Recently, the only albums I listened to for nearly two years were Lysol by The Melvins and Torch Of The Mystics by Sun City Girls, and I think that’s had some influence as well.
What are the more obscure instruments you have used on any of your songs?
Creaky door, stuffed toy frog, breast pump
Which other current bands should we be listening to but probably aren’t?
I like this lo-fi experimental band Shivering Window – they’re on Rok Lok Records, the label that just put Success Racist out on cassette. They do a lot of interesting things, and have good tunes.
There’s this complete psychopath Filthy Turd that was putting out some great stuff last year. Hope he’s still at it. [Googling this artist was not a pleasant experience. – TTW Ed.]
Last week I couldn’t stop listening to a song called “No Cabana” by The Big City Nights Band. They’re in Canada and are unrelated to The Scorpions.
If you could have been in any band in history, which band would you have wanted to be in and why?
Butthole Surfers seemed like a lot of fun.
As an American you may not be overly familiar with the sport of cricket, but I still have to ask you – is it any good or a load of old bollocks?
What I’ve seen looks at least as exciting as baseball. I’m more into the stats. Is there a big sabremetrics community in cricket? I haven’t watched a baseball game since maybe 2008, but I still check all the stats on fangraphs.com a few times a week.
I tried to look up cricket stats just now and there are definitely sabremetrics. I don’t know what any of it means but I like to see all of the advanced stats. Are most cricket fans into stats? American fans tend to be skeptical of anything that feels like it involves math or intelligence.
On safer ground perhaps – what the fuck has happened to the Cincinnati Reds this season? Do you care?
The injuries up the middle have cost them at least a few wins – it’s hard to replace your shortstop, catcher, and centerfielder with fill-ins and actually get something out of it.
Another traditional question, that I have to ask you is this: you’re in a caff (diner) ordering breakfast. You can have toast and your choice of tea or coffee and then you’re allowed 4 more items. What are they?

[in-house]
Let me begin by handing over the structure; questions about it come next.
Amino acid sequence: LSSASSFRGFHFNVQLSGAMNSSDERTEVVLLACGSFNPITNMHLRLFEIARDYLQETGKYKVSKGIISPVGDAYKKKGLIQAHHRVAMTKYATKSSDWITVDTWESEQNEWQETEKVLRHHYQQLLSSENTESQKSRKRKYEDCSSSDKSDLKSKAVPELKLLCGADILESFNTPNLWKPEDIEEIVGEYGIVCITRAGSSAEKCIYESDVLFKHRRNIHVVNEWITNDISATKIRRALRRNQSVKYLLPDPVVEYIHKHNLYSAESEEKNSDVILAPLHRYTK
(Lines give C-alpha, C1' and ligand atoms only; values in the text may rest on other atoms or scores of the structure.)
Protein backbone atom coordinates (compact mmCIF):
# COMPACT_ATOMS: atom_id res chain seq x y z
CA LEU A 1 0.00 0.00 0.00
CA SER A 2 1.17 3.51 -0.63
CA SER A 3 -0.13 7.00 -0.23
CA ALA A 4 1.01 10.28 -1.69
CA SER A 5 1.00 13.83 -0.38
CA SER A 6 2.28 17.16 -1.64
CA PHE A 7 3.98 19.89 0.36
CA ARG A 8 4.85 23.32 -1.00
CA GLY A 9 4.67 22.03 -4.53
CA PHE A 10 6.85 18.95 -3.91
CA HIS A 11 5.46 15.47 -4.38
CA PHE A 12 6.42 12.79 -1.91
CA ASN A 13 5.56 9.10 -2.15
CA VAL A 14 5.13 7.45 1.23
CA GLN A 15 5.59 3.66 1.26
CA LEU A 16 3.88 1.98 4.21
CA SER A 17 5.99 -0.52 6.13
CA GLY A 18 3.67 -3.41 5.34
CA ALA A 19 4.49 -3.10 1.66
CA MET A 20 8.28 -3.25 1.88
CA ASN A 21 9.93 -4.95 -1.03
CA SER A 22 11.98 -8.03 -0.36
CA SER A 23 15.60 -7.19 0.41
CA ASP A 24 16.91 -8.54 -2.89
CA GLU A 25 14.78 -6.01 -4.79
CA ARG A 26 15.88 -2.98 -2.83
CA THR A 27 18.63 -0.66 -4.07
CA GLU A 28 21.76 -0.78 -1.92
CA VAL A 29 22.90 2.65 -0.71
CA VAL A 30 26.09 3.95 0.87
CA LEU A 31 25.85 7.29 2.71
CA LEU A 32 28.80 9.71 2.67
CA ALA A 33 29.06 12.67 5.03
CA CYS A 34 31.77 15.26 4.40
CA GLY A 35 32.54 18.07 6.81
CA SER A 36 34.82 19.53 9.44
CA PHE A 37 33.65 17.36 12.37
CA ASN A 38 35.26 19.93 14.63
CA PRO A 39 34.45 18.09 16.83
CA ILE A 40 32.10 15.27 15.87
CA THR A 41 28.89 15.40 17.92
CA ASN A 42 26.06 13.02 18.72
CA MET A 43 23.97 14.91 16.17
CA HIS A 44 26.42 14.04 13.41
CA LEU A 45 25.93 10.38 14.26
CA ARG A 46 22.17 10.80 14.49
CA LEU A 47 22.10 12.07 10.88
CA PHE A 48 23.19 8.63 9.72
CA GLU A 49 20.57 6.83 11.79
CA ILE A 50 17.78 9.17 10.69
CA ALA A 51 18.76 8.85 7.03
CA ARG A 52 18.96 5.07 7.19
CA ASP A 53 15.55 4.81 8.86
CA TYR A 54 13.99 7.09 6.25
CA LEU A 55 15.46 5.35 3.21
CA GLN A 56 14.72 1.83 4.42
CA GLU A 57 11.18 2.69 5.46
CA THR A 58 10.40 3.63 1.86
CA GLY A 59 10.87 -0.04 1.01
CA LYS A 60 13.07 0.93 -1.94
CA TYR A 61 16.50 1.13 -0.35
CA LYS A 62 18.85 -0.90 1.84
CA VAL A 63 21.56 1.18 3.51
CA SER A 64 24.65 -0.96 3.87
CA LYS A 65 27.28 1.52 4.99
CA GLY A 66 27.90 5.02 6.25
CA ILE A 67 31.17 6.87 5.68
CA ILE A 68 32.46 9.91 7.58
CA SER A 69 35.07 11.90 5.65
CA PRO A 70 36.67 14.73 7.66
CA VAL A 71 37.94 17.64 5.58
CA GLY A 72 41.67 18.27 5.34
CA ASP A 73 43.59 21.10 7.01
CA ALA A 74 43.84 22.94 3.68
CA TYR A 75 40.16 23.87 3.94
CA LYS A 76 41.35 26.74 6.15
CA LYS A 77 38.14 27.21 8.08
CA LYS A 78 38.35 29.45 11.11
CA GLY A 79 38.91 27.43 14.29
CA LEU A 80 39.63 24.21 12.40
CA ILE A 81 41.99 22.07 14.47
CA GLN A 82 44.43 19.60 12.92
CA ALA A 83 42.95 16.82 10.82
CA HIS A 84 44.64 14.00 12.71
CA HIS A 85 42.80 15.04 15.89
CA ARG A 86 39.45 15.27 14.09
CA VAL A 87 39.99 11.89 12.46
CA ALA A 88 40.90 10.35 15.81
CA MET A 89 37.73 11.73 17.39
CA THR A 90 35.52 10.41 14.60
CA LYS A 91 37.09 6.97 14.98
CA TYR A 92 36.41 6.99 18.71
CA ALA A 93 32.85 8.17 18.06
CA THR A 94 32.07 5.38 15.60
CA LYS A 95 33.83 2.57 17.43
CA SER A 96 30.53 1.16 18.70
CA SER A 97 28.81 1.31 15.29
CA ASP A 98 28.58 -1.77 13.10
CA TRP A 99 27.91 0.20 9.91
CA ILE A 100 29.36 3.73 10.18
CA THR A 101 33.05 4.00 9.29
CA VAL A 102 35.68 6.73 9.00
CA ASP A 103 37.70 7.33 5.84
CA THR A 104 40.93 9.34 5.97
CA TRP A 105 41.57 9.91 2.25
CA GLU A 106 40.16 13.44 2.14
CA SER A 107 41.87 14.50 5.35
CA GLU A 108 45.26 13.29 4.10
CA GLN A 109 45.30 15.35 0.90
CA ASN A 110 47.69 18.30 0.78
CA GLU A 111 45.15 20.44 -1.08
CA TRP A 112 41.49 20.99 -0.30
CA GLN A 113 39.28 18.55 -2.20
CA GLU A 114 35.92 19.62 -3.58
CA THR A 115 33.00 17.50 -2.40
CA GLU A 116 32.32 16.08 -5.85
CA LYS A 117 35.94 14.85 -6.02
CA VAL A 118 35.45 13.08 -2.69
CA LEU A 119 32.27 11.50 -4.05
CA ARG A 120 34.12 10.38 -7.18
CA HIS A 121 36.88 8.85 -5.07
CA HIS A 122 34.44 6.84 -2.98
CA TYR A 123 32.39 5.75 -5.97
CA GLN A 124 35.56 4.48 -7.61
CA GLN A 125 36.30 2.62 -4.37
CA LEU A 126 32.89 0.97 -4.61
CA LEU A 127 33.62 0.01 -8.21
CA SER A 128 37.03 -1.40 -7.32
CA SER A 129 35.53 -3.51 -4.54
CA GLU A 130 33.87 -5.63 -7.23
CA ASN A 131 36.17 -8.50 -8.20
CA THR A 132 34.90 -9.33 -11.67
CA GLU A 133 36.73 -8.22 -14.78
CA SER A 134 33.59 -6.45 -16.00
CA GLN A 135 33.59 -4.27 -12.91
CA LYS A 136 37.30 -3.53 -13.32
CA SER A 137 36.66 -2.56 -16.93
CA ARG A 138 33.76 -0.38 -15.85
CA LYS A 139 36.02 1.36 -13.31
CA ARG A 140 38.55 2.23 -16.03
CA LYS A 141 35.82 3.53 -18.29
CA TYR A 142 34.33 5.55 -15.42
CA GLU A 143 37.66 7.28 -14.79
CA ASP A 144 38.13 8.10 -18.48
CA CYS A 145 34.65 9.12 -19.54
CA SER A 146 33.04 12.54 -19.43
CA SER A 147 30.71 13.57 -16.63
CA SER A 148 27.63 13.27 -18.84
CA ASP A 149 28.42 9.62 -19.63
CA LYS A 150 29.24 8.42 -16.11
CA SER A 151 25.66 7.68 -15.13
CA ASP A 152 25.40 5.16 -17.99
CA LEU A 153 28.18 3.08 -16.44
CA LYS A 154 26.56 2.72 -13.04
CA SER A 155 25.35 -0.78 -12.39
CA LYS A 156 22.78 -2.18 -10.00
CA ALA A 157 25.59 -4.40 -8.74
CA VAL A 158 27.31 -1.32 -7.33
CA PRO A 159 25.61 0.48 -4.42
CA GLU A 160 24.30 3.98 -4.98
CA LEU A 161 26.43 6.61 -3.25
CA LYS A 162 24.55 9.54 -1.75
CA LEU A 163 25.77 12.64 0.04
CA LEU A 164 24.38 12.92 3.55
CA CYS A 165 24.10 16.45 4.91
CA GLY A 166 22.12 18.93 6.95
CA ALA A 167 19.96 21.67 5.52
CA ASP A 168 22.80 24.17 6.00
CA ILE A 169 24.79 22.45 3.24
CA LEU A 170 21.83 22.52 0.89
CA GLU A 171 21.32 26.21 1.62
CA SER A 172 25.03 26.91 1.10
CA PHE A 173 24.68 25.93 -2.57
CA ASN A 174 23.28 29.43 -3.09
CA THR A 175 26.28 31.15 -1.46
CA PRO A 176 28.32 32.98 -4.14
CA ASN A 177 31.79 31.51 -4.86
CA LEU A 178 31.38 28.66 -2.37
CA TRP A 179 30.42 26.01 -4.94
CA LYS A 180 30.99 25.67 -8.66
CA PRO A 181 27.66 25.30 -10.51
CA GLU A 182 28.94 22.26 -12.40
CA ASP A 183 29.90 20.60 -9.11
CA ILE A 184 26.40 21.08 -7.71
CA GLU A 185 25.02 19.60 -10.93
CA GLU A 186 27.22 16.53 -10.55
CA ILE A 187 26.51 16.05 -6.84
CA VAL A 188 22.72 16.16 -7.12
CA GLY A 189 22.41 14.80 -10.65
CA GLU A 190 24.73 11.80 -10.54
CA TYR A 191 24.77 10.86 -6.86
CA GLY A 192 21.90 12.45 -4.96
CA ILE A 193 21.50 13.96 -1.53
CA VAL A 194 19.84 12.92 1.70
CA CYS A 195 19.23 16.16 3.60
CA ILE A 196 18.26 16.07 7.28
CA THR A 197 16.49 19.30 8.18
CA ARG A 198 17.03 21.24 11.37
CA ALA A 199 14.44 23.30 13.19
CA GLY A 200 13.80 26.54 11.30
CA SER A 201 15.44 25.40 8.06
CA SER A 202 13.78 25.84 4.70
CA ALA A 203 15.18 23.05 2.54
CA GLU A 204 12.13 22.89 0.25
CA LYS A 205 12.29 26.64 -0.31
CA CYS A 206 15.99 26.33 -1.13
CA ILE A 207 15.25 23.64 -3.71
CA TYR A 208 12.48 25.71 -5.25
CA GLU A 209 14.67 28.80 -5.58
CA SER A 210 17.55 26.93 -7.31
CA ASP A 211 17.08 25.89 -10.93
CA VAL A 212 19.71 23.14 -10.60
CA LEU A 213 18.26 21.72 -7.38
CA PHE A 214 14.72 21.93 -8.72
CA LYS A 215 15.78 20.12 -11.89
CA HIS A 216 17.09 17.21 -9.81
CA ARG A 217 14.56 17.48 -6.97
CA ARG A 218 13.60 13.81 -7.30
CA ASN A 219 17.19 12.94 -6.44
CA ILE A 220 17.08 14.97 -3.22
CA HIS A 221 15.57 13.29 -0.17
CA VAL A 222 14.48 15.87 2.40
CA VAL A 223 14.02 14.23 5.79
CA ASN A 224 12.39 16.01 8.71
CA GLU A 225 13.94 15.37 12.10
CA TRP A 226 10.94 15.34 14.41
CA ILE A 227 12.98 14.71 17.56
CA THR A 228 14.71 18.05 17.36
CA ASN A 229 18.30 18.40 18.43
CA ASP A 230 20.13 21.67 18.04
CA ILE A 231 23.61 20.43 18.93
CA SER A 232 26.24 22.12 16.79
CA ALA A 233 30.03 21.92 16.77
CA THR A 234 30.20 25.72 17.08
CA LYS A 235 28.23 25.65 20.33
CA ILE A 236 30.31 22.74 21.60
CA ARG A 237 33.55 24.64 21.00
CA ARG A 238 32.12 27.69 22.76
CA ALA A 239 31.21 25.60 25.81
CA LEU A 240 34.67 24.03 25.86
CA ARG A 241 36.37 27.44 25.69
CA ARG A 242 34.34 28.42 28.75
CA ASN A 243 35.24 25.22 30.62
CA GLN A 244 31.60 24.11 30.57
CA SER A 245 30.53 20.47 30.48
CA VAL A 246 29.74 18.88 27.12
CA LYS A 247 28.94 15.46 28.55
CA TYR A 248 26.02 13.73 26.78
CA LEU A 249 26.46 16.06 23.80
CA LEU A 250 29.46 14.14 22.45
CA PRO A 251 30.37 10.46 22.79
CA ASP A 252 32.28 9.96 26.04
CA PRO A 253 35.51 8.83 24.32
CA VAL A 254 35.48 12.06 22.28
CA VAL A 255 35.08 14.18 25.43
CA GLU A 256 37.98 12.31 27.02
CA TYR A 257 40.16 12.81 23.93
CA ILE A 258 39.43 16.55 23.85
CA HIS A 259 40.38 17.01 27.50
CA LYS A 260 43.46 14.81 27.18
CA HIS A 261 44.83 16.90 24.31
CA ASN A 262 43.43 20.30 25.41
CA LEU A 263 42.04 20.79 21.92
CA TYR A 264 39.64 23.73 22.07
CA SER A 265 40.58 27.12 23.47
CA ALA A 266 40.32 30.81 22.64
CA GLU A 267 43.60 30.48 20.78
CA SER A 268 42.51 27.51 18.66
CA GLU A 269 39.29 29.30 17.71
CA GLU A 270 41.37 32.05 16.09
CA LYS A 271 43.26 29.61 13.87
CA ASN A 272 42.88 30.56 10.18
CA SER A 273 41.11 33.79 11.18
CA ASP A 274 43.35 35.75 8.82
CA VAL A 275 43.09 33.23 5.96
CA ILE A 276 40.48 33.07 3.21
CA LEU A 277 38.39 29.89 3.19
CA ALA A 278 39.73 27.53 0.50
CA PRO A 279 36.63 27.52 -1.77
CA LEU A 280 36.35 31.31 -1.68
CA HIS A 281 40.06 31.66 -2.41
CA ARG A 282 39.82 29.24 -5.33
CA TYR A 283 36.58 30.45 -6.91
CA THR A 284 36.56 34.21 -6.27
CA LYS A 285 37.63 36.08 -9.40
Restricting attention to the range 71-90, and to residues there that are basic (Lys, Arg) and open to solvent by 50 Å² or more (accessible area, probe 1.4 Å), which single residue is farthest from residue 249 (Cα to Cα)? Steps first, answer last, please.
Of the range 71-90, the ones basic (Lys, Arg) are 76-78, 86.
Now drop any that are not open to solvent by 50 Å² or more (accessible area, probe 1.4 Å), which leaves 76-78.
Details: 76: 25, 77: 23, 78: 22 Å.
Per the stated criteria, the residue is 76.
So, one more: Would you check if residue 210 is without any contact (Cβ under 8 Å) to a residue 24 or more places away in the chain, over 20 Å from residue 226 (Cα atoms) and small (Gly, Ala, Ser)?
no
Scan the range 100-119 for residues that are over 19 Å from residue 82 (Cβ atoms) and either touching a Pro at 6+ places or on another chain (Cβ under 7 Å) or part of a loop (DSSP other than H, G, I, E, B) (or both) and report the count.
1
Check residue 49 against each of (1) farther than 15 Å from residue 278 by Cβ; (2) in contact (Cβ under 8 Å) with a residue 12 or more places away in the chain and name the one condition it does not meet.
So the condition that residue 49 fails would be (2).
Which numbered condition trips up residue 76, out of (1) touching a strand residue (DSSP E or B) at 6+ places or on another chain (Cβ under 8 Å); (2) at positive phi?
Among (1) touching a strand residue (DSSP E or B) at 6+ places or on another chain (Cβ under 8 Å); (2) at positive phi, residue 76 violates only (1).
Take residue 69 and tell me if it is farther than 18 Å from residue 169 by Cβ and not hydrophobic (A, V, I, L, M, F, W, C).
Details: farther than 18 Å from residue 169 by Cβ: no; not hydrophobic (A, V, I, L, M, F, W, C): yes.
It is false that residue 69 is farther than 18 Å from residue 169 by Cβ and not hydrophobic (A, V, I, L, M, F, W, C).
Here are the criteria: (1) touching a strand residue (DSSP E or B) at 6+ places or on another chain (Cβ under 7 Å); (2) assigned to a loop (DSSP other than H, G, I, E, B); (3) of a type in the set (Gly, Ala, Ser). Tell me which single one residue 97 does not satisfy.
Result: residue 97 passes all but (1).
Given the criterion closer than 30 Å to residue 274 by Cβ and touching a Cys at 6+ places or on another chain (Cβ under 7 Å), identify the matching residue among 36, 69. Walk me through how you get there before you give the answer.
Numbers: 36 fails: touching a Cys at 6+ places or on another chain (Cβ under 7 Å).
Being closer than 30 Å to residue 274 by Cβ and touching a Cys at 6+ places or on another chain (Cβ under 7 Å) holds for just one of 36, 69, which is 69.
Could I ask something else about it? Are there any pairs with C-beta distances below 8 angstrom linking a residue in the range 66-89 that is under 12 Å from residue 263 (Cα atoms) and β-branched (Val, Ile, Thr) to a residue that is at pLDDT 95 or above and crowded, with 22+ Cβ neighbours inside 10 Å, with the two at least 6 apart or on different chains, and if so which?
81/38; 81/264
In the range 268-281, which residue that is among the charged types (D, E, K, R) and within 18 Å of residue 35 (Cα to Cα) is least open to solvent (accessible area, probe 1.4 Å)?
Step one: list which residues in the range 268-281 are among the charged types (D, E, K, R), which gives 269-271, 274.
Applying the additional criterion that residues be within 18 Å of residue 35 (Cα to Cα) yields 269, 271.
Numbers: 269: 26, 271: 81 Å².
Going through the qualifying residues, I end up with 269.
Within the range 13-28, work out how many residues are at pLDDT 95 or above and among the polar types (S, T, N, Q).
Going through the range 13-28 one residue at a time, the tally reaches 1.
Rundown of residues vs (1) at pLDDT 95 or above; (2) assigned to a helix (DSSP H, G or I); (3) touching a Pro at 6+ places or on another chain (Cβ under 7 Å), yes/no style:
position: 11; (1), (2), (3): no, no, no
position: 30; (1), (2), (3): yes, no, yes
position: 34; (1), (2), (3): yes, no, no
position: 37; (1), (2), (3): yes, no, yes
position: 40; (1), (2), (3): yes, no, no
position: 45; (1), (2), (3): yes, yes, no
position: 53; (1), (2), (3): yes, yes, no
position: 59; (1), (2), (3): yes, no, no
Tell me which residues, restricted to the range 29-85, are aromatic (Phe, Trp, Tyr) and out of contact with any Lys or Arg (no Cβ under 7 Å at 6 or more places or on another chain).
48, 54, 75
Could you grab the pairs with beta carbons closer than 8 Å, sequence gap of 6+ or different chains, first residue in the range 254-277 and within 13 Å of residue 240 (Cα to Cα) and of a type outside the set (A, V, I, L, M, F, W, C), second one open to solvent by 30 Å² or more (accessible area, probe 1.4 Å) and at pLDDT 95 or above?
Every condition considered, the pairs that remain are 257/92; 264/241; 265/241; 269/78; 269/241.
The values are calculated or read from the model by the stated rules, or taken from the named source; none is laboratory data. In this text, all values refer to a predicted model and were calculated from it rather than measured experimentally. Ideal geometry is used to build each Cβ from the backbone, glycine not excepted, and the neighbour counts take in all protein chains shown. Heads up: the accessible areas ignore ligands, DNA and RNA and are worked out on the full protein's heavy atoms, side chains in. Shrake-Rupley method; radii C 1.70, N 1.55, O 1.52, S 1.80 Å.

Four more coffees. Who can sleep?
What are you repulsed by?
Recording studios, George Zimmerman, apples
Talking of which, you told me you had listened to our podcast before I got in touch with you. How did you hear about us?
It might have been some sort of combination of Bruce, Pollard, and John Peel that drew me into the site in the first place. XTC and the Fall are big influences as well. Wedding Present. Beefheart. All huge presences both on your site and in my music. And I recall feeling very at home when I saw two of my other top 10 bands – REM and Cheap Trick – in your personal top 5. It was definitely interesting to see the distinct mix of stuff that you all wrote about and played. [Interestingly enough, if Kicker filed Graham Repulski under ‘R’, they’d be next to REM. Cool, eh? – TTW Ed]
I also enjoyed the post on Pollard’s solo stuff. I lost track of all that when I started doing Graham Repulski and really enjoyed your top 50 list a couple years ago. Got me back on board.
When can our listeners expect to see you playing in the UK?
When the next tape goes platinum.
You very kindly sent me tracks from a future release – High On Mt Misery EP – can you tell us when that will be released and about about any future projects you’re involved in?
That will be out next spring. It’s short and sort of louder than usual. Then there’s a trilogy of cassettes coming out the following winter – Re-Arranged At Hotel Strange, Contaminated Man, and Boy Lung. There are two or three concept albums I’m in the process of mapping out, based on some poems of mine that I discovered and also based on Shawnelle’s art.
I’m also doing at least three but possibly five additional secret projects that will not bear the Graham Repulski name in any shape or form. One of those is almost done.
Thanks so much for talking to us. What are you going to do right now?
I’m going to not sleep.
Many thanks to Graham for taking time out to share an insight into his craft and for tolerating Chorizo Garbanzo’s breakfast question.
You can fulfil all your Graham Repulski based needs by visiting this bandcamp page – go and buy a tape or two and make at least one go platinum.
3xcellent interview of an important and tálented artist! Good job.